- Claire Vorster
Motorway Breakdown? What NOT To Do
A motorway breakdown can be any combination of dangerous, frustrating and expensive. If you are stuck on the edge of a road with 70 mph traffic roaring perilously close, it can be tempting to panic. Don’t.
Best tip ever is to plan ahead, so check your insurance and get clued up. Knowing what not to do in a breakdown could help save precious time and money, it could also save lives. Here are our top tips to help you stay ahead.
1. Don’t panic
You are the best person to make decisions about everyone’s safety, so analyse your situation quickly. Get your vehicle off the road if possible -
“It’s vital that when you feel an issue with your car that you safely move across to the hard shoulder. Drive as far to the left of the emergency lane as possible and position your wheels to face the grass verge - not to the main carriageway.” 9 January 2015, Independent.co.uk
2. Don’t be hard to see
When pulling over to a safe place to stop, use your hazard lights and sidelights to warn other drivers -
“If visibility is seriously reduced, (generally when you can't see for more than 100 metres), you should also use the rear fog lights.” RAC.co.uk
3. Don’t exit traffic side
When moving your car to a safe place, leave room to get everyone out by the doors furthest away from the traffic. Get out of the vehicle safely and make sure that other passengers do the same.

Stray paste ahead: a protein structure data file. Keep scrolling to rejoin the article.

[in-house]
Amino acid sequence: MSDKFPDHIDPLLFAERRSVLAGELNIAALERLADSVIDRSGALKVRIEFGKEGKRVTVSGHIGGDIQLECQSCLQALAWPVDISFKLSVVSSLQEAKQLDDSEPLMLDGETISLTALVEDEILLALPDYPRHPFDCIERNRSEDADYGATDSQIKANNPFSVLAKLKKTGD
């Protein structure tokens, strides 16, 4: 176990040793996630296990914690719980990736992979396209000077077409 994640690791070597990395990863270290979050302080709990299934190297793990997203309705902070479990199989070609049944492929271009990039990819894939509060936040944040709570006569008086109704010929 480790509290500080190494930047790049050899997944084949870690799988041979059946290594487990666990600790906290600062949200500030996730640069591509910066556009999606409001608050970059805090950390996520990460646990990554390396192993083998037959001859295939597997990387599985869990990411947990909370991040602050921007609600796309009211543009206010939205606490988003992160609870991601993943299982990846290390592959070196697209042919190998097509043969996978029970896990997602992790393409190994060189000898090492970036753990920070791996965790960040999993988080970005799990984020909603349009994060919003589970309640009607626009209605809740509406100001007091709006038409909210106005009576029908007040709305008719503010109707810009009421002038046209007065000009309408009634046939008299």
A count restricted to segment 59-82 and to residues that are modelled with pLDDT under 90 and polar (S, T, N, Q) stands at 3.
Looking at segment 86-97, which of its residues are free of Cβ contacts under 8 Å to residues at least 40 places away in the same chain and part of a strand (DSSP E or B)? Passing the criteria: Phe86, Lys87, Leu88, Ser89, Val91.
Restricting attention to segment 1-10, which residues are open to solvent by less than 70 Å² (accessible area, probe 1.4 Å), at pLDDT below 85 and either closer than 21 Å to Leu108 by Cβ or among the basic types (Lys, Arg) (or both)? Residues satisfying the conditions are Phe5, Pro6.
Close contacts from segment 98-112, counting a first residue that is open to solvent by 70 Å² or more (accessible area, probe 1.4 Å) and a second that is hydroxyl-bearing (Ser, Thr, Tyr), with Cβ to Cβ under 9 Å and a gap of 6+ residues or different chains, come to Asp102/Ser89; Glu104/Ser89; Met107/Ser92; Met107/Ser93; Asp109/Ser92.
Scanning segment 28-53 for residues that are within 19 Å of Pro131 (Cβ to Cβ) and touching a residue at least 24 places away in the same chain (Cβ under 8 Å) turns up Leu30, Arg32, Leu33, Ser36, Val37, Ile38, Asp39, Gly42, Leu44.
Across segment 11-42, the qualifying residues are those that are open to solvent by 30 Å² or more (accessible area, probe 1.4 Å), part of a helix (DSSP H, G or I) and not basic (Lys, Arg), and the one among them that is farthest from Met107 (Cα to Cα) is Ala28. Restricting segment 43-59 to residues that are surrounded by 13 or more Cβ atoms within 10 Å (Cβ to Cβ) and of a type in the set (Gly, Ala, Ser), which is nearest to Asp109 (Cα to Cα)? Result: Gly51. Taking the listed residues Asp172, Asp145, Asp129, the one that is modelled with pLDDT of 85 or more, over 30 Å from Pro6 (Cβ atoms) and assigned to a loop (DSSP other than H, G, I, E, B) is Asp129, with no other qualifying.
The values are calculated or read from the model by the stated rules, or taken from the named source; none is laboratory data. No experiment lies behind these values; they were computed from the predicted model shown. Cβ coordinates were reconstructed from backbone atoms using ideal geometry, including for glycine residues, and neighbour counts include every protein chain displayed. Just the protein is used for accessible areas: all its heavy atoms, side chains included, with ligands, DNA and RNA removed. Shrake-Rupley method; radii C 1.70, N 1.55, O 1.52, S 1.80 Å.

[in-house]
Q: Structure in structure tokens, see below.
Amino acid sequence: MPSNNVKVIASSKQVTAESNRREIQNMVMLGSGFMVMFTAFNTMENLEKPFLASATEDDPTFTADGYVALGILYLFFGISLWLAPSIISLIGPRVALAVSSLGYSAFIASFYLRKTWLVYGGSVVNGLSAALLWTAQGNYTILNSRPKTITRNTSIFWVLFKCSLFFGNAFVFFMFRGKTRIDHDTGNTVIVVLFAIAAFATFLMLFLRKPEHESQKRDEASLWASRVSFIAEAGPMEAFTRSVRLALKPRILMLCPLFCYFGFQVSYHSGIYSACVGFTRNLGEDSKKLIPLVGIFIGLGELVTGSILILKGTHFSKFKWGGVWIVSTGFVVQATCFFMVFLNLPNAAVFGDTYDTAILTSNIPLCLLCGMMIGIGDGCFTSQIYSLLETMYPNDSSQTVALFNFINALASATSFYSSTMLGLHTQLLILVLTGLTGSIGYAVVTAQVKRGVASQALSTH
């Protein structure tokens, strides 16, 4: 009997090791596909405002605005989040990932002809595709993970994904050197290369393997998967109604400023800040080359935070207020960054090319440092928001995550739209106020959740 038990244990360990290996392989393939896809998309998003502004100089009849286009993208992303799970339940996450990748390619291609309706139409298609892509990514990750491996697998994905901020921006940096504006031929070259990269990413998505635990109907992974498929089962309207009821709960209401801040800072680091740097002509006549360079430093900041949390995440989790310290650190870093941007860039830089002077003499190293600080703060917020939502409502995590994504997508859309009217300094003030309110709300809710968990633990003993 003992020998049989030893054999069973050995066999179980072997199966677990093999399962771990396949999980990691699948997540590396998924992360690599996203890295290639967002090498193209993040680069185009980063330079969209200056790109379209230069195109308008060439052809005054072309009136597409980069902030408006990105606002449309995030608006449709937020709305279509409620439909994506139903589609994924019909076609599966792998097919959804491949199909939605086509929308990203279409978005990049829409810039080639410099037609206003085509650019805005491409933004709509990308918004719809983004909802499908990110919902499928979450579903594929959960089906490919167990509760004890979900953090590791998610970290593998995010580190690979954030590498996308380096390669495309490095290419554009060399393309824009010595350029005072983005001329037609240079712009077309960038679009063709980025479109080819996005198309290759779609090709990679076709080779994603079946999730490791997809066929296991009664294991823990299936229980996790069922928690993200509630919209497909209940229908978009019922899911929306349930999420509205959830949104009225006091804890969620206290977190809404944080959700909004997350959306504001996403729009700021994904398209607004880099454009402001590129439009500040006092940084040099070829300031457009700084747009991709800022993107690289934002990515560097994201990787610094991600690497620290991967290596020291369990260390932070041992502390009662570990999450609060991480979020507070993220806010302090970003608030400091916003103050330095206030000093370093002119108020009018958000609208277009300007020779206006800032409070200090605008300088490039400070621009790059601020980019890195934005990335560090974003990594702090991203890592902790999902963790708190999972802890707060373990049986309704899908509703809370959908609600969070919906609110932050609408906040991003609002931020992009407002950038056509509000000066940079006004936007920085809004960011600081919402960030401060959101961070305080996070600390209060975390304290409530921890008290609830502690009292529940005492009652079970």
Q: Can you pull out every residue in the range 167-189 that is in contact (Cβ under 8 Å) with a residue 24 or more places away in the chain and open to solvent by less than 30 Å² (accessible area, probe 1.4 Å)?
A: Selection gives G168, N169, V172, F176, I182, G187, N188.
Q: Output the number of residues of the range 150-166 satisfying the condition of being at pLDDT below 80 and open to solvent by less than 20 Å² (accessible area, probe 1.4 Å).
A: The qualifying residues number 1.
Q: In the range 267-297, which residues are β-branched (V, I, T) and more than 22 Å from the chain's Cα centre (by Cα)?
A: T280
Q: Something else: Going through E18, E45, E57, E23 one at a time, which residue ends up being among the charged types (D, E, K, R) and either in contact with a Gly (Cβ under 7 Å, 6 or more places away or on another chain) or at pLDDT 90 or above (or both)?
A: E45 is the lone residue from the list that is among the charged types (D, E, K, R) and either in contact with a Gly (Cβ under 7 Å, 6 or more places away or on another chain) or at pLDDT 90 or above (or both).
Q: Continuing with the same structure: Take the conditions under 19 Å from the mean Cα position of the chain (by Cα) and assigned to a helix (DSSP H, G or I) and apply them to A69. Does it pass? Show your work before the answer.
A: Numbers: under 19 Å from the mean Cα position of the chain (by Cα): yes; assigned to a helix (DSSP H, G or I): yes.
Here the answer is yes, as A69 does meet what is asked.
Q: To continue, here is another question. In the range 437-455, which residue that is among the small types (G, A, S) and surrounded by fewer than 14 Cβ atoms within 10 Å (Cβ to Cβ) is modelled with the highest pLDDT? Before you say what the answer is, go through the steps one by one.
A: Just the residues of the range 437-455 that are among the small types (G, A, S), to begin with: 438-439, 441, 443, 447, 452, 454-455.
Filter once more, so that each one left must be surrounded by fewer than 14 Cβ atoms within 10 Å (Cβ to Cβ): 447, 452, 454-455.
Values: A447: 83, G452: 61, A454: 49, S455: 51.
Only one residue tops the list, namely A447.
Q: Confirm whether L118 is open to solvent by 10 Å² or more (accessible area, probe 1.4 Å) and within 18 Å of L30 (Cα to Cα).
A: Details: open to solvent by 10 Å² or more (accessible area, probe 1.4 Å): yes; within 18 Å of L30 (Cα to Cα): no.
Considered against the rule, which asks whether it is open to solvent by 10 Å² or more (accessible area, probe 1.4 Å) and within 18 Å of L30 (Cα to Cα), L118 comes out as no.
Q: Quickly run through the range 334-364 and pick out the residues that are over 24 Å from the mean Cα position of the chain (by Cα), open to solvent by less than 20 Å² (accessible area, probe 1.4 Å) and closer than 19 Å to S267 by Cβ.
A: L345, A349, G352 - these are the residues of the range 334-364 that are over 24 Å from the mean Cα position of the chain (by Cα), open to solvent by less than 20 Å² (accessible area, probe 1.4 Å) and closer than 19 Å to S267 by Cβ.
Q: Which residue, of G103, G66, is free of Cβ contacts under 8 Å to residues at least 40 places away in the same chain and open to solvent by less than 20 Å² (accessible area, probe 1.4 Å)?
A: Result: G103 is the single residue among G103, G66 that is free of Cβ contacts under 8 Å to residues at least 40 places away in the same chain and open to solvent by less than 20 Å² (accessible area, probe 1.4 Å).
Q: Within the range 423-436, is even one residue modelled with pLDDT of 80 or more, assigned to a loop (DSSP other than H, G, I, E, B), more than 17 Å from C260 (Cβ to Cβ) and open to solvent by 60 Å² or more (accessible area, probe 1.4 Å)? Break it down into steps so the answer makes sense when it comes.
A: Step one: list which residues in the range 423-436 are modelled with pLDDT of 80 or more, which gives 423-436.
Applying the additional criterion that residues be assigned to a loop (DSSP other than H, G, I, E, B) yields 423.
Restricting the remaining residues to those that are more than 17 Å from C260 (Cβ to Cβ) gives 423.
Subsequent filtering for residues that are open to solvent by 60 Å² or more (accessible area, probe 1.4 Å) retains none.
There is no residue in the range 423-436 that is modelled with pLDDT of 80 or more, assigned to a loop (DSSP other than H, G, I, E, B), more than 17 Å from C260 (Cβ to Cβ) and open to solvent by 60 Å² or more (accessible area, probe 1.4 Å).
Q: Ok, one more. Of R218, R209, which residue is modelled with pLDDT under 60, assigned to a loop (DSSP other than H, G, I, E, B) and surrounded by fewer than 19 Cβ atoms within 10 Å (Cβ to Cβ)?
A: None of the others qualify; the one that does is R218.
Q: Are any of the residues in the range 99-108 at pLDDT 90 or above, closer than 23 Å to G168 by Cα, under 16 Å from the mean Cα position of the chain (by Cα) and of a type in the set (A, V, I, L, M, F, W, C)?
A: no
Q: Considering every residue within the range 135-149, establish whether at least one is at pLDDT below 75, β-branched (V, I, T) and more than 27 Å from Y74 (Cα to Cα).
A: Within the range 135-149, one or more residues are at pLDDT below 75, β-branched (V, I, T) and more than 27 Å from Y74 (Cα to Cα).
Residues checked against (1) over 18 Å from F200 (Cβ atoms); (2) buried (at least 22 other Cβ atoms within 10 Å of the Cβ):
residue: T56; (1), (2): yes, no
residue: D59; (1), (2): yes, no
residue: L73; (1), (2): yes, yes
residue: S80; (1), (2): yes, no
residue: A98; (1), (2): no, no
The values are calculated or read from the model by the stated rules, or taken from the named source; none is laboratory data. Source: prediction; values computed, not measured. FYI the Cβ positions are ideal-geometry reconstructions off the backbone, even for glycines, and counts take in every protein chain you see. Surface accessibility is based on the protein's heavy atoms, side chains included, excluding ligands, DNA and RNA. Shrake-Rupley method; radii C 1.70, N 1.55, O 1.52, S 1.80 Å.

4. Don’t stand near the motorway
Once are out of the car, keep away from the flow of traffic and the hard shoulder. Ensure you and your passengers stand or sit well back from the road, behind a barrier or on a grass verge if possible. Be extra careful to keep children protected and under control.
“If for any reason you can't get out of the vehicle, get as many people as possible to sit on the passenger side of the vehicle and put their seatbelts on. However if you can wait away from the vehicle then you should do so.” RAC.co.uk
5. Don’t move your animals
If possible, pets should be left in the vehicle. The hard shoulder is a frightening, noisy place, particularly for any animal. If spooked they could easily run onto the road. Please leave them in the car. If this is not possible, you must make sure your pet is under proper control and kept as far away from the motorway as possible – ideally behind a barrier or high up on the verge.
You can find further advice on how to stay safe in the event of a breakdown and other safety tips at www.survivegroup.org.